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Wide receivers’ stock has risen. This NFL draft could show how high.

Kentucky's Wan'Dale Robinson played all over the field in high school before realizing wide receiver was the way to go. (TSEG/Photo courtesy of TSEG)
7 min

In high school, Wan’Dale Robinson played nearly every position: quarterback, running back, wide receiver, linebacker, safety, returner. At Nebraska, he narrowed his focus to running back and wide receiver. But in 2021, when he decided to transfer, he had one goal: wideout — full time.

Robinson, at 5-foot-8 and 178 pounds, knew it was his most likely path to the NFL. He chose Kentucky, his home state’s flagship school, in large part because he knew the Wildcats would throw the ball a lot. In one season in Lexington, he caught 104 passes for 1,334 yards — both school records — and seven touchdowns. He only carried the ball seven times. He was a rising star at a position that was, at the next level, rising in its own right.

With offenses throwing more than ever and defenses scheming to stop receivers deep, gaining yards after the catch has become crucial to a wide receiver’s productivity and has sent the stock of those who do it well skyrocketing. Teams have acknowledged it this offseason by doling out big deals to even No. 2 receivers, such as Mike Williams of the Los Angeles Chargers (three years, $60 million) and Christian Kirk of the Jacksonville Jaguars (four years, $72 million).

“You know the value a receiver has now,” a smiling Robinson said of the flurry of offseason activity. If he also was imagining what the recent moves meant for his future earning potential, he restrained himself. “For me, at the end of the day, I just want to go in and help whatever team I’m a part of.”

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Yet as the demand for good wide receivers increases, so does the supply. It forces general managers around the NFL to confront a difficult question: Should they eat into their salary cap to pay their No. 1 receiver or try to find a cheaper option in the draft?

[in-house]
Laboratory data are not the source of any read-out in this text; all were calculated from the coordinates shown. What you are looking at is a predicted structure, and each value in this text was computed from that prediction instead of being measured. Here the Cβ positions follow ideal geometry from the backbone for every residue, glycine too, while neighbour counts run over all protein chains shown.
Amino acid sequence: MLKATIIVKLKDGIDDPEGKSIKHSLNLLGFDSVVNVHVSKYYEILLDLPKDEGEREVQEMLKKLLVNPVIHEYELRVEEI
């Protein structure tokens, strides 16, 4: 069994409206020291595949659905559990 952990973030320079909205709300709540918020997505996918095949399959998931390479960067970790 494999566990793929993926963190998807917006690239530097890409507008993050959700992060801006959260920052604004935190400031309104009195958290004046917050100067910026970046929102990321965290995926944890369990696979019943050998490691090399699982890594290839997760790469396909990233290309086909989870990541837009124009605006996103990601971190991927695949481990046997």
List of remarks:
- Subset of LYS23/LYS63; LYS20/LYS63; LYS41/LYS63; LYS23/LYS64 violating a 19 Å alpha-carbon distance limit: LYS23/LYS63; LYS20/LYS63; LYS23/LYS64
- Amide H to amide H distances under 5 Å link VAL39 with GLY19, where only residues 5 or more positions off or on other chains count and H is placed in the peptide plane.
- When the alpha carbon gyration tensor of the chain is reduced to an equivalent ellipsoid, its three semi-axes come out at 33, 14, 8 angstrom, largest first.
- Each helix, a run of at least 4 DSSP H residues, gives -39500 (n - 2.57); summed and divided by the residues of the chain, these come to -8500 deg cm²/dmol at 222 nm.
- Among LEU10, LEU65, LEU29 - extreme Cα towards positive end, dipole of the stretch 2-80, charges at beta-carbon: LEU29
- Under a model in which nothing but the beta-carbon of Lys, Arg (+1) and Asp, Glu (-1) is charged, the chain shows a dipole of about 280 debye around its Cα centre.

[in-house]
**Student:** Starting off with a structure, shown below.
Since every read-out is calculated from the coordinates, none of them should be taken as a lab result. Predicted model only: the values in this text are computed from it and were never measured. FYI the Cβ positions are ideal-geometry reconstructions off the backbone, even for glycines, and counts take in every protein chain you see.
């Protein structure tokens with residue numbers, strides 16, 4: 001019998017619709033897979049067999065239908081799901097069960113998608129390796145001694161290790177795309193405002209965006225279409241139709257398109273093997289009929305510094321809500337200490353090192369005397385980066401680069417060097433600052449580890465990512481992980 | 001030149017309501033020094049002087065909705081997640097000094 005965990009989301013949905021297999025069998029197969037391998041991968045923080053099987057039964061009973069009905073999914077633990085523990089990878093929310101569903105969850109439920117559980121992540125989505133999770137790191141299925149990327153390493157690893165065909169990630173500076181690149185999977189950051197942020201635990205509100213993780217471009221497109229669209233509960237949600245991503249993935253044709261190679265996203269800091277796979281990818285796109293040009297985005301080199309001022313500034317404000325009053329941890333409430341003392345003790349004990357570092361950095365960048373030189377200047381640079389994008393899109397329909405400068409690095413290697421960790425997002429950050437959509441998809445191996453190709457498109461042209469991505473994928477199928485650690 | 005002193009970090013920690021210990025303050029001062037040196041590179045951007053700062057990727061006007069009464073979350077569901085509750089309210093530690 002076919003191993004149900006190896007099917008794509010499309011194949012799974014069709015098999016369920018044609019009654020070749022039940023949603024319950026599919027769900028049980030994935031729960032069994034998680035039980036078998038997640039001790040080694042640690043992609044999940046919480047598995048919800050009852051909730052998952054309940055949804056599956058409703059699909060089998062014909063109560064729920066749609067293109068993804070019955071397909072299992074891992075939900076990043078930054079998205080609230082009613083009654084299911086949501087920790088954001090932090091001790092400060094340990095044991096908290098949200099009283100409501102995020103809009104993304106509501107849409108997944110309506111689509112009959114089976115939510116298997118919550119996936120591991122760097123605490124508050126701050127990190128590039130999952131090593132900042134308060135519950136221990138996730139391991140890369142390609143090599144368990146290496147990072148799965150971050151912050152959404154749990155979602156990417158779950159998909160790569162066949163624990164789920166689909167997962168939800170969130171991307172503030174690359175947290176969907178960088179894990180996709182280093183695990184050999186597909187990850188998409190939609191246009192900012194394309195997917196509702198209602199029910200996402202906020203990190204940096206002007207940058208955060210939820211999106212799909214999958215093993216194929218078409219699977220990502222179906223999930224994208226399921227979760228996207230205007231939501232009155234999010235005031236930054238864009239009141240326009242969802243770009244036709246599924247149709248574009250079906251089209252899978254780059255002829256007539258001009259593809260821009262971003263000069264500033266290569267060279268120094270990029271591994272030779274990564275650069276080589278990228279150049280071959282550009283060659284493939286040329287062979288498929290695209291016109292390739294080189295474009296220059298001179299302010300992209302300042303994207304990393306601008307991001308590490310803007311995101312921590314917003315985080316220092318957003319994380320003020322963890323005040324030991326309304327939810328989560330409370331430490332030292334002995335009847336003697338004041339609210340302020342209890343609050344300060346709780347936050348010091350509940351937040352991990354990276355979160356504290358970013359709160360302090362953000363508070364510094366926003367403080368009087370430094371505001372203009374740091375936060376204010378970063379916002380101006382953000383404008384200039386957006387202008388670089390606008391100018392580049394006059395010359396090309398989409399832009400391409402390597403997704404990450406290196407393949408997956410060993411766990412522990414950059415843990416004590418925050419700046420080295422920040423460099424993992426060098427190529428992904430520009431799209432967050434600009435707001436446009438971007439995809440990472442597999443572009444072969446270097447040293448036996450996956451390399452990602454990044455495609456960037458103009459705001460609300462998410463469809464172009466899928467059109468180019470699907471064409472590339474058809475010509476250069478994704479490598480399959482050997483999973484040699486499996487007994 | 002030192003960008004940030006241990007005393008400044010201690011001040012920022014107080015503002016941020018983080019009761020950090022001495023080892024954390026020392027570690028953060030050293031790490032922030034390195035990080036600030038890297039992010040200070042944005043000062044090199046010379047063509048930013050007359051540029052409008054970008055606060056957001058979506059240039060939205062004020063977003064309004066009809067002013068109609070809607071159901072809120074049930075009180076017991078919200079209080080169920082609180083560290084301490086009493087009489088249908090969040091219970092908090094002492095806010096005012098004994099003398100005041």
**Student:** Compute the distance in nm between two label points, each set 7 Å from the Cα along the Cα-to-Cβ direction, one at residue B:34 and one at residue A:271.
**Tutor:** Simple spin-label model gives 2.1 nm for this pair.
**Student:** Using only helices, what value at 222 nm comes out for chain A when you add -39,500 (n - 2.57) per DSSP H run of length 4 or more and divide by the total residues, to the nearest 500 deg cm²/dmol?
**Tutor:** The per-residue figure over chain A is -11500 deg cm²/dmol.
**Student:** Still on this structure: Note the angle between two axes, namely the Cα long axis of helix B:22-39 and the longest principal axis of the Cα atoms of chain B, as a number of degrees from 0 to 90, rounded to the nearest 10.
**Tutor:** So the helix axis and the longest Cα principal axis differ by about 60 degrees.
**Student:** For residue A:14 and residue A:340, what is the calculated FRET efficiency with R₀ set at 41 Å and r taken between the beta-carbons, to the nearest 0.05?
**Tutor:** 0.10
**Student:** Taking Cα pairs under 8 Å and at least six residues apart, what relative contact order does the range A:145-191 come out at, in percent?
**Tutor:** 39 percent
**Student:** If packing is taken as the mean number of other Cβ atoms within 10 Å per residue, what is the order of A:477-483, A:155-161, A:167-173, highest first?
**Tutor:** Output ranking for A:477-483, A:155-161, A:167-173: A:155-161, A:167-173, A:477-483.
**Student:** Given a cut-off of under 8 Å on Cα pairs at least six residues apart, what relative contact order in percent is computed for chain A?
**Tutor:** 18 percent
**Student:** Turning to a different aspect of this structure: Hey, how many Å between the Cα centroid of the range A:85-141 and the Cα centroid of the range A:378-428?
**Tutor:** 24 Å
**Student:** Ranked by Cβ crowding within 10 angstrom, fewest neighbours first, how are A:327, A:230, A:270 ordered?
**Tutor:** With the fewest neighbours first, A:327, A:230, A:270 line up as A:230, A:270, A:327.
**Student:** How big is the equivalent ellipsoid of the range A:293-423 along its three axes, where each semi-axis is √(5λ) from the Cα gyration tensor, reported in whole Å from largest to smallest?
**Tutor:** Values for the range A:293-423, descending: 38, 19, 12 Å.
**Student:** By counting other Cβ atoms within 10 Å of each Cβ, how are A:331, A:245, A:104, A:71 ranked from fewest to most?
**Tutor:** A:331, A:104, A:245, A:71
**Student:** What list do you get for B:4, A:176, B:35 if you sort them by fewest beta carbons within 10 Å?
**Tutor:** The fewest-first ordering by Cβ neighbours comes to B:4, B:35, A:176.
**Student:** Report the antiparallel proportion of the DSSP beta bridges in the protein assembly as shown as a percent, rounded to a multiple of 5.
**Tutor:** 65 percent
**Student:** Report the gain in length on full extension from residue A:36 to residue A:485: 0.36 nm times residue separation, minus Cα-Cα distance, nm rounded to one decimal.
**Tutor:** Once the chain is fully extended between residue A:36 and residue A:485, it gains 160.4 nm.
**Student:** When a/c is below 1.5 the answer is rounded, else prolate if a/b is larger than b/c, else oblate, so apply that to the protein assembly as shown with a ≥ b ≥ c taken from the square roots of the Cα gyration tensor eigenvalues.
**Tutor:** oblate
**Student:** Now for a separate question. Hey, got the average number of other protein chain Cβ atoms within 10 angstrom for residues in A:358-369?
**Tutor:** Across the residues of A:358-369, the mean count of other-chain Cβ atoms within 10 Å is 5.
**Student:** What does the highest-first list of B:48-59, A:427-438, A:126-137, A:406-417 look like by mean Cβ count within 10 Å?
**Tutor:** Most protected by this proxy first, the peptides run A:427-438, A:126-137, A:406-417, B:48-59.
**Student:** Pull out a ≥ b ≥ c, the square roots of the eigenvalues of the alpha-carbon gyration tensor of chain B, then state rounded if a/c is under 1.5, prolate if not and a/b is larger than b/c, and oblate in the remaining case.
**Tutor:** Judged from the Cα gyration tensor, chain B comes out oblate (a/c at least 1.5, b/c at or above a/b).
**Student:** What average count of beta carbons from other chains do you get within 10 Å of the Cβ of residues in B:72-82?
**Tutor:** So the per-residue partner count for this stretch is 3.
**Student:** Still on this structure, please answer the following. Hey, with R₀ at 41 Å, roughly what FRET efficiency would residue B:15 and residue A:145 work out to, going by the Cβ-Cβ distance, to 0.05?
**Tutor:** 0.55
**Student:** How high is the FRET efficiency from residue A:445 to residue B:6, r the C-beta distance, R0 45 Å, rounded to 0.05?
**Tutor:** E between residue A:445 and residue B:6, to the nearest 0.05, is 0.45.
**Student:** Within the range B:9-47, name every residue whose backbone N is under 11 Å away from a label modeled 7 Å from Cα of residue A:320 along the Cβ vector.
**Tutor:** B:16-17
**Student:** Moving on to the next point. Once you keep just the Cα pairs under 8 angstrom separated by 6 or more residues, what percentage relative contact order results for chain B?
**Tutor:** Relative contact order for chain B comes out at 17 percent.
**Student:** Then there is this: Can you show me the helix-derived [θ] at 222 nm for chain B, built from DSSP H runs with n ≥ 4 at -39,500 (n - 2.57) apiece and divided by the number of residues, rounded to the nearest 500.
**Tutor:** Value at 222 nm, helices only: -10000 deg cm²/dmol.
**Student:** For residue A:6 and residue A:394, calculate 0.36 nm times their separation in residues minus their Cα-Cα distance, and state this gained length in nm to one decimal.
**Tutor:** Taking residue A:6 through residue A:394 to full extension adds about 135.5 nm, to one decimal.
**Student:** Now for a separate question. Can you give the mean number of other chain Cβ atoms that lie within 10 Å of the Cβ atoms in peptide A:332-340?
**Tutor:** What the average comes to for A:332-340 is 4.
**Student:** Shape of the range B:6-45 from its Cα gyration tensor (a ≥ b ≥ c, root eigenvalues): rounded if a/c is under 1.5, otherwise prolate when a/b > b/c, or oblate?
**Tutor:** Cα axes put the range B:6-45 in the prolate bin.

This offseason, Green Bay (Davante Adams) and Kansas City (Tyreek Hill) traded star wideouts without a safety net, while Buffalo gave its standout (Stefon Diggs) a new, top-of-market contract. The question will test the roster-builders with star wide receivers drafted outside the first round in 2019, including those with Washington (Terry McLaurin), San Francisco (Deebo Samuel) and Tennessee (A.J. Brown), all three of whom said they would not participate in on-field offseason drills without new deals.

Jason Fitzgerald of NFL salary database said he didn’t see the booming wide receiver market as a one-year blip. In fact, he said, more talented wideouts — including Seattle’s DK Metcalf and Minnesota’s Justin Jefferson — will get paid over the next few years and should solidify the top of the market closer to $25 million (Hill, Adams) than $20 million, where it once was.

“There’s just going to be too many players making above a certain number to where I don’t think teams are really going to be able to argue that these [big-money] deals are outliers anymore,” Fitzgerald said.

This is the era of the $30-million-a-year wideout. We’ll see whether it lasts.

Mark Dominik, a former NFL general manager who is a host for SiriusXM NFL Radio, saw a few other factors in the boost in wide receiver contracts — an increase in quarterback contracts, a rising salary cap — and he linked the trades of Hill and Adams to the growing power of stars leaguewide. He said all of these factors make it even more difficult to know what to do as a GM.